“Real Price of College”

Widespread confusion over college prices makes it hard for students to earn college degrees.  To help colleges better reveal and address this issue, the Hope Center for College, Community, and Justice is leading an initiative we call “The Real Price of College: Improving Estimates of Demonstrated Financial Need.” Supported with a $650,000 18-month grant from Lumina Foundation, the project is helping six Texas colleges and universities develop better ways to determine students’ financial need, provide more accurate estimates of cost of attendance, and improve communications related to financial need and price for students, their families, and institutional stakeholders.

“Our work demonstrates that when students don’t know what college really costs, they have trouble making ends meet, even falling short on money for food and housing,” says Dr. Sara Goldrick-Rab, Founding Director of the Hope Center. “Community colleges and public universities are also dealing with their own budget crunches; we hope this project will help them identify cost-effective ways to help students.”

This project is especially important as federal policymakers consider better ways to assess and report on student need. Working within existing federal frameworks, the Hope Center team is implementing and testing ideas first outlined in work from Dr. Goldrick-Rab, including her book Paying the Price and a report issued by The Century Foundation.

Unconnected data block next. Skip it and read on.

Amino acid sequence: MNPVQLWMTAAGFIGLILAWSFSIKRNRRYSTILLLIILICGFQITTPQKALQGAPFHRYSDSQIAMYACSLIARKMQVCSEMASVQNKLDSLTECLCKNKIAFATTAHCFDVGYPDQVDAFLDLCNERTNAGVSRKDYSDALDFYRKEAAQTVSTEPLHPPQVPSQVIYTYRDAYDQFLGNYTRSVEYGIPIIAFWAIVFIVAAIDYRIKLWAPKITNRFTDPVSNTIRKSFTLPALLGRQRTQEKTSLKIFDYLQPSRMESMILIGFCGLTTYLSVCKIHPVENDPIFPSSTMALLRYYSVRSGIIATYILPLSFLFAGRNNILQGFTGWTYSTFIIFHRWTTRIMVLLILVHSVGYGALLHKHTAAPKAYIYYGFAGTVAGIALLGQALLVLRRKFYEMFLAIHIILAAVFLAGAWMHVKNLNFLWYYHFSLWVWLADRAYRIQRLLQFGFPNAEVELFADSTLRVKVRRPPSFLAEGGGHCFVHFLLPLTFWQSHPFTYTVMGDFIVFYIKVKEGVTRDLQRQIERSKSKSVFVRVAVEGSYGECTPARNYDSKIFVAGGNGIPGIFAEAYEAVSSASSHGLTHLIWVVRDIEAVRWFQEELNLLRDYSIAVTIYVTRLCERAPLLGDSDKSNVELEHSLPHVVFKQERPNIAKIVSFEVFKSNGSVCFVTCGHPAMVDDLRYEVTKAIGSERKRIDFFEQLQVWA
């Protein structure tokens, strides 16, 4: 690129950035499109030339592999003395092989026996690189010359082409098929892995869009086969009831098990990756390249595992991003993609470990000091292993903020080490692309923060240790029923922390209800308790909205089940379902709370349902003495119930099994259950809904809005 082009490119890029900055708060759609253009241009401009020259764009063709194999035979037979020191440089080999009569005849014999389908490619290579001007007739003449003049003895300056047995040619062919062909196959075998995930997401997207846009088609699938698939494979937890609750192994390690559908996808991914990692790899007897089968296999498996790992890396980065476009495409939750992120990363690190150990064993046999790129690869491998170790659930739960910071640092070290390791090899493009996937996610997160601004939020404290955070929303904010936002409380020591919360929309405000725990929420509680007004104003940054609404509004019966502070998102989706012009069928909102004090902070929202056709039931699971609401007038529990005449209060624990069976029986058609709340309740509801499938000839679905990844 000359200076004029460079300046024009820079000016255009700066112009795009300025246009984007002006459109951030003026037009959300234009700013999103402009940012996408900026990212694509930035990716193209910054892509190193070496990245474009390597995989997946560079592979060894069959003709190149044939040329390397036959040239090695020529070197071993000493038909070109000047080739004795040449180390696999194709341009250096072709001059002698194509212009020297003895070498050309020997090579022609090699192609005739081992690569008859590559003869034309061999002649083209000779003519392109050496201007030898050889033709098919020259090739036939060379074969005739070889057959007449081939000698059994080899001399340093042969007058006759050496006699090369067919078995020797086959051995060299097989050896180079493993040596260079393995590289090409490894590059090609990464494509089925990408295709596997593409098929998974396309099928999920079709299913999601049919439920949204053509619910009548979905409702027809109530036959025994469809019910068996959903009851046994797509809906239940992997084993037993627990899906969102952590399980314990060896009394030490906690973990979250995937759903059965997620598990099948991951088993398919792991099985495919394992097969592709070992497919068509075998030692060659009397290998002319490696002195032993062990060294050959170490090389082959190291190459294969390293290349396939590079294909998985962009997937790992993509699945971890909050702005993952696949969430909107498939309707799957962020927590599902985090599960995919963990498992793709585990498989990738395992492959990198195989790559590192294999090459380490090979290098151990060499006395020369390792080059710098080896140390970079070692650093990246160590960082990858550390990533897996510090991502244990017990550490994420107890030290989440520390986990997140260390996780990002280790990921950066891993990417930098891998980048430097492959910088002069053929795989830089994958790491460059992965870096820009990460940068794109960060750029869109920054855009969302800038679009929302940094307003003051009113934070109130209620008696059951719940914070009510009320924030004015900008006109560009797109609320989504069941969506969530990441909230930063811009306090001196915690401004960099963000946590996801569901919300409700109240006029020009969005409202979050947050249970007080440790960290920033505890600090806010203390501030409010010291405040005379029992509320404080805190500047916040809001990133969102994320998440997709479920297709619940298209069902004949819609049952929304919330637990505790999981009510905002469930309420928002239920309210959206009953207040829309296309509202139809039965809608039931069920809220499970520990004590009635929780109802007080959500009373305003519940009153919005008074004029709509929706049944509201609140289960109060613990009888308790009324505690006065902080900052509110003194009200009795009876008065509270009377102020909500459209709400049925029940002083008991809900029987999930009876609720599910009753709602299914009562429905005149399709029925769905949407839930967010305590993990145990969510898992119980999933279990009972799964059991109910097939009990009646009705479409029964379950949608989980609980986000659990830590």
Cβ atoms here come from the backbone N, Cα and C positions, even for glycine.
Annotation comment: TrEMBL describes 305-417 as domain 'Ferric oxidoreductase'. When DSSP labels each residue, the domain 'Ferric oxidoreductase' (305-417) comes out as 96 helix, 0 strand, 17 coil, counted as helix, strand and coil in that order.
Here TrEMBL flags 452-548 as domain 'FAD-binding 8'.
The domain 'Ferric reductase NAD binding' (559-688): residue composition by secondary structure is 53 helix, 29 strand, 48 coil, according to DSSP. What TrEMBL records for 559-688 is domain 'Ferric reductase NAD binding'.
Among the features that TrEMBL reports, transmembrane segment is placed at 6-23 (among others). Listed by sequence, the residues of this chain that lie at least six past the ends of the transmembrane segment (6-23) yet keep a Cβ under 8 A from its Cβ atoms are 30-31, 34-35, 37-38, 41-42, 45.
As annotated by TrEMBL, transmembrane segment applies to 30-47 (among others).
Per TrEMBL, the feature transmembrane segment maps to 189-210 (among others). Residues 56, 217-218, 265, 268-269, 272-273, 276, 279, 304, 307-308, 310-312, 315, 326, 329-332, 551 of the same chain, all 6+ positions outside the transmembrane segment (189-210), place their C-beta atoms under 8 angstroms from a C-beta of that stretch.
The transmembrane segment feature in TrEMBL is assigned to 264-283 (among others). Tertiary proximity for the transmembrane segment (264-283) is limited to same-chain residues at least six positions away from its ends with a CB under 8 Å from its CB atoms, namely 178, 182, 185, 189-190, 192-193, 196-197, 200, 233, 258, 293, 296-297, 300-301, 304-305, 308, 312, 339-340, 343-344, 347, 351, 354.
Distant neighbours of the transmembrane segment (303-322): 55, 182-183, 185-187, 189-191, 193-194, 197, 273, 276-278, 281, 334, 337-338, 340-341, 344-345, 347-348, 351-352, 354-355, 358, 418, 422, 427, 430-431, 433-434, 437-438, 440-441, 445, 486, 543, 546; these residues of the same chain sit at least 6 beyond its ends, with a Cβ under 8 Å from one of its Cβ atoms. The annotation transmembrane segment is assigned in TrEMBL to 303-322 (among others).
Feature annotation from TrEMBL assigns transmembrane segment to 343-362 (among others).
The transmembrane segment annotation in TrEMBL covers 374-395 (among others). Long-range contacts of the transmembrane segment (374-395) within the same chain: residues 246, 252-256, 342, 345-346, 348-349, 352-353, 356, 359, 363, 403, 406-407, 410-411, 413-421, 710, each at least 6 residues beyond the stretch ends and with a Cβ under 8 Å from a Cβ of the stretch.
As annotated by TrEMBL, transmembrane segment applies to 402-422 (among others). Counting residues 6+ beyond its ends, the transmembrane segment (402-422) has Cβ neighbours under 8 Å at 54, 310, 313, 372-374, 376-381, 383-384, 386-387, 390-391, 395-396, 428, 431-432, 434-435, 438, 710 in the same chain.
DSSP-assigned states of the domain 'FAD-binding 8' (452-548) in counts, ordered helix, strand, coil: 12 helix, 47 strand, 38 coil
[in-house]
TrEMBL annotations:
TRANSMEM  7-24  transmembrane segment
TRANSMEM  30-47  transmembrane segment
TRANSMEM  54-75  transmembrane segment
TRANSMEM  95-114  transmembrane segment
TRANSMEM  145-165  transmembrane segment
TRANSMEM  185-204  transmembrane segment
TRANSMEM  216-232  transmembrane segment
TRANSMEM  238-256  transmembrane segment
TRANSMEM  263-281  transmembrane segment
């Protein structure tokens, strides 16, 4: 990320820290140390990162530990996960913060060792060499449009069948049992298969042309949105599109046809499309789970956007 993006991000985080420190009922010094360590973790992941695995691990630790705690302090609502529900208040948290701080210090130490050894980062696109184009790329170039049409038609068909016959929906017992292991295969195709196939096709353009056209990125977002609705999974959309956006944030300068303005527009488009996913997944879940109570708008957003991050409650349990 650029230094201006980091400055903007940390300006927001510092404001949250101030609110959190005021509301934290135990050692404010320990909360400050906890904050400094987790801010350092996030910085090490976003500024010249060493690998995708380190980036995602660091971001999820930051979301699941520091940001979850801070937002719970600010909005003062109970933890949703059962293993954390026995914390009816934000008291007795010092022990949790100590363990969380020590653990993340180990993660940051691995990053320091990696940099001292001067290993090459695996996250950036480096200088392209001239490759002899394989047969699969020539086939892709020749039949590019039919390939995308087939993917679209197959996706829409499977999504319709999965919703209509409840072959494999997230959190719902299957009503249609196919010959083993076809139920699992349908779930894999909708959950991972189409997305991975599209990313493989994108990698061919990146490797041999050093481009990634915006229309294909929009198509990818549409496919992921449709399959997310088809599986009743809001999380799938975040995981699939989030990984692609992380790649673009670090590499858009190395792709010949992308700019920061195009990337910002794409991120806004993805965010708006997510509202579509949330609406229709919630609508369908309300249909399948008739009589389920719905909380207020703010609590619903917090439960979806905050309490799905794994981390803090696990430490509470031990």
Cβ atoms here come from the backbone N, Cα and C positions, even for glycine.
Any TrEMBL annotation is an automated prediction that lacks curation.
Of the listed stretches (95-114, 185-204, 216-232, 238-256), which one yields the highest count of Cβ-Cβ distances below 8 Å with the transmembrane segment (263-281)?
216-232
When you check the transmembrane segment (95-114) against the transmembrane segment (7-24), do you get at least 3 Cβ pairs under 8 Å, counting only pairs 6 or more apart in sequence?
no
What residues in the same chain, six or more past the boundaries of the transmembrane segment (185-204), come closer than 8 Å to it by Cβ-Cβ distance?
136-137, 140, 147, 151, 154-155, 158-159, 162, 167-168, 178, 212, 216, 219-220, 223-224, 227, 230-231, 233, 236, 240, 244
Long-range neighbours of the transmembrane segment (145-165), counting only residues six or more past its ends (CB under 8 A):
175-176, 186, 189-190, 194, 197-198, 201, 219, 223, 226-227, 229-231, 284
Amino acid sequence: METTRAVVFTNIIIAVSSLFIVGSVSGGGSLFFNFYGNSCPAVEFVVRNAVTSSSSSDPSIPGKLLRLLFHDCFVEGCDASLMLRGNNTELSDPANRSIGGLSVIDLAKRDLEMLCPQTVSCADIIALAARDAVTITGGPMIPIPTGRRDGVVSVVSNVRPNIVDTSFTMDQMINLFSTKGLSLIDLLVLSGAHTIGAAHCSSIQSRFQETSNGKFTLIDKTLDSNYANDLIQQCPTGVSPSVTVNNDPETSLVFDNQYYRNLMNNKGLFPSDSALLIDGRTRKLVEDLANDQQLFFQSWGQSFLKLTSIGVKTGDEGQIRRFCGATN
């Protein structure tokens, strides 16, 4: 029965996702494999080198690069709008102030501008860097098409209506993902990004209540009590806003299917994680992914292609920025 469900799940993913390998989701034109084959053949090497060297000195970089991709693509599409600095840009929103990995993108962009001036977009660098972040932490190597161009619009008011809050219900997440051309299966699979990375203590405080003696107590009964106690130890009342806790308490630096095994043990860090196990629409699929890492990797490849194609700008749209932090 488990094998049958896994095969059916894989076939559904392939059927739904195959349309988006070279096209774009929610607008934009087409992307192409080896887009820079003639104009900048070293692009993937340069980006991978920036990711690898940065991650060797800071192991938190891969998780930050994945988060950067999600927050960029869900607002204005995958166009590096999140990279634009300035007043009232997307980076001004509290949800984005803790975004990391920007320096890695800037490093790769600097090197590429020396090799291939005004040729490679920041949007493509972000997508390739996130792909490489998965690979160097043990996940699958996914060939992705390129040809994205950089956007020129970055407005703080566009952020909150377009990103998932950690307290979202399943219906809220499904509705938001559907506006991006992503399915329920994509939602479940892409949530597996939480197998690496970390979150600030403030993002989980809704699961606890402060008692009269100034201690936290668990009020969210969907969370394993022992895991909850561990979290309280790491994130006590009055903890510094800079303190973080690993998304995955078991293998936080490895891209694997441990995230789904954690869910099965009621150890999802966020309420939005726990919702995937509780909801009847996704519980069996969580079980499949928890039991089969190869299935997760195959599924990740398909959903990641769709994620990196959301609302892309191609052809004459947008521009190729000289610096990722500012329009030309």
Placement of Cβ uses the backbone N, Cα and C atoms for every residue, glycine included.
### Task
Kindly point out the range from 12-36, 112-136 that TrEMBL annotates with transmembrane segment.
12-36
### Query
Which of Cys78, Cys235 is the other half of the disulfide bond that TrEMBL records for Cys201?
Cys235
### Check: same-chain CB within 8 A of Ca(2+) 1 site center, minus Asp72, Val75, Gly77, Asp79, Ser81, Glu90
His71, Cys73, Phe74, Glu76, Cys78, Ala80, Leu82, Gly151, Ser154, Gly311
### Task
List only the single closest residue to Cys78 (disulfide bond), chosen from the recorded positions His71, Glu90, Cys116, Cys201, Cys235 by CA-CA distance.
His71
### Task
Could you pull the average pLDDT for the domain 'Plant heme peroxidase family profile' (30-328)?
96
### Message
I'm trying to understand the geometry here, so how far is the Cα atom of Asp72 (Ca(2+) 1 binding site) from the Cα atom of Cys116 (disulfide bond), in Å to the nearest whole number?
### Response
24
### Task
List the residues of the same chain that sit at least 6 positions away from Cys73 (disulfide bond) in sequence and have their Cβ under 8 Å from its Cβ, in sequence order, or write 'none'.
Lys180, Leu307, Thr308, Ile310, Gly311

Leading financial aid researchers Dr. Robert Kelchen of Seton Hall University, Dr. Douglas Webber of Temple University and Derek Price of DVP-Praxis are lending their collective expertise to this effort. The Hope Center’s project team includes Managing Director and Director of Research Dr. Christine Baker-Smith, Research Associate Dr. Tiffani Williams, and Associate Director Edward Conroy (a former financial aid practitioner).

Participants include:

  • Amarillo College
  • West Texas A&M University
  • El Paso Community College
  • The University of Texas at El Paso
  • Dallas County Community College District
  • San Jacinto College

“We can’t effectively address affordability if we can’t accurately and reliably understand costs and need,” says Jesse O’Connell, strategy director for federal policy at Lumina. “This initiative presents a timely opportunity to work with institutions and support students in an effort to bridge that gap, while also informing policy at a critical moment for higher education.”

We are grateful to funding from The Lumina Foundation for making this work possible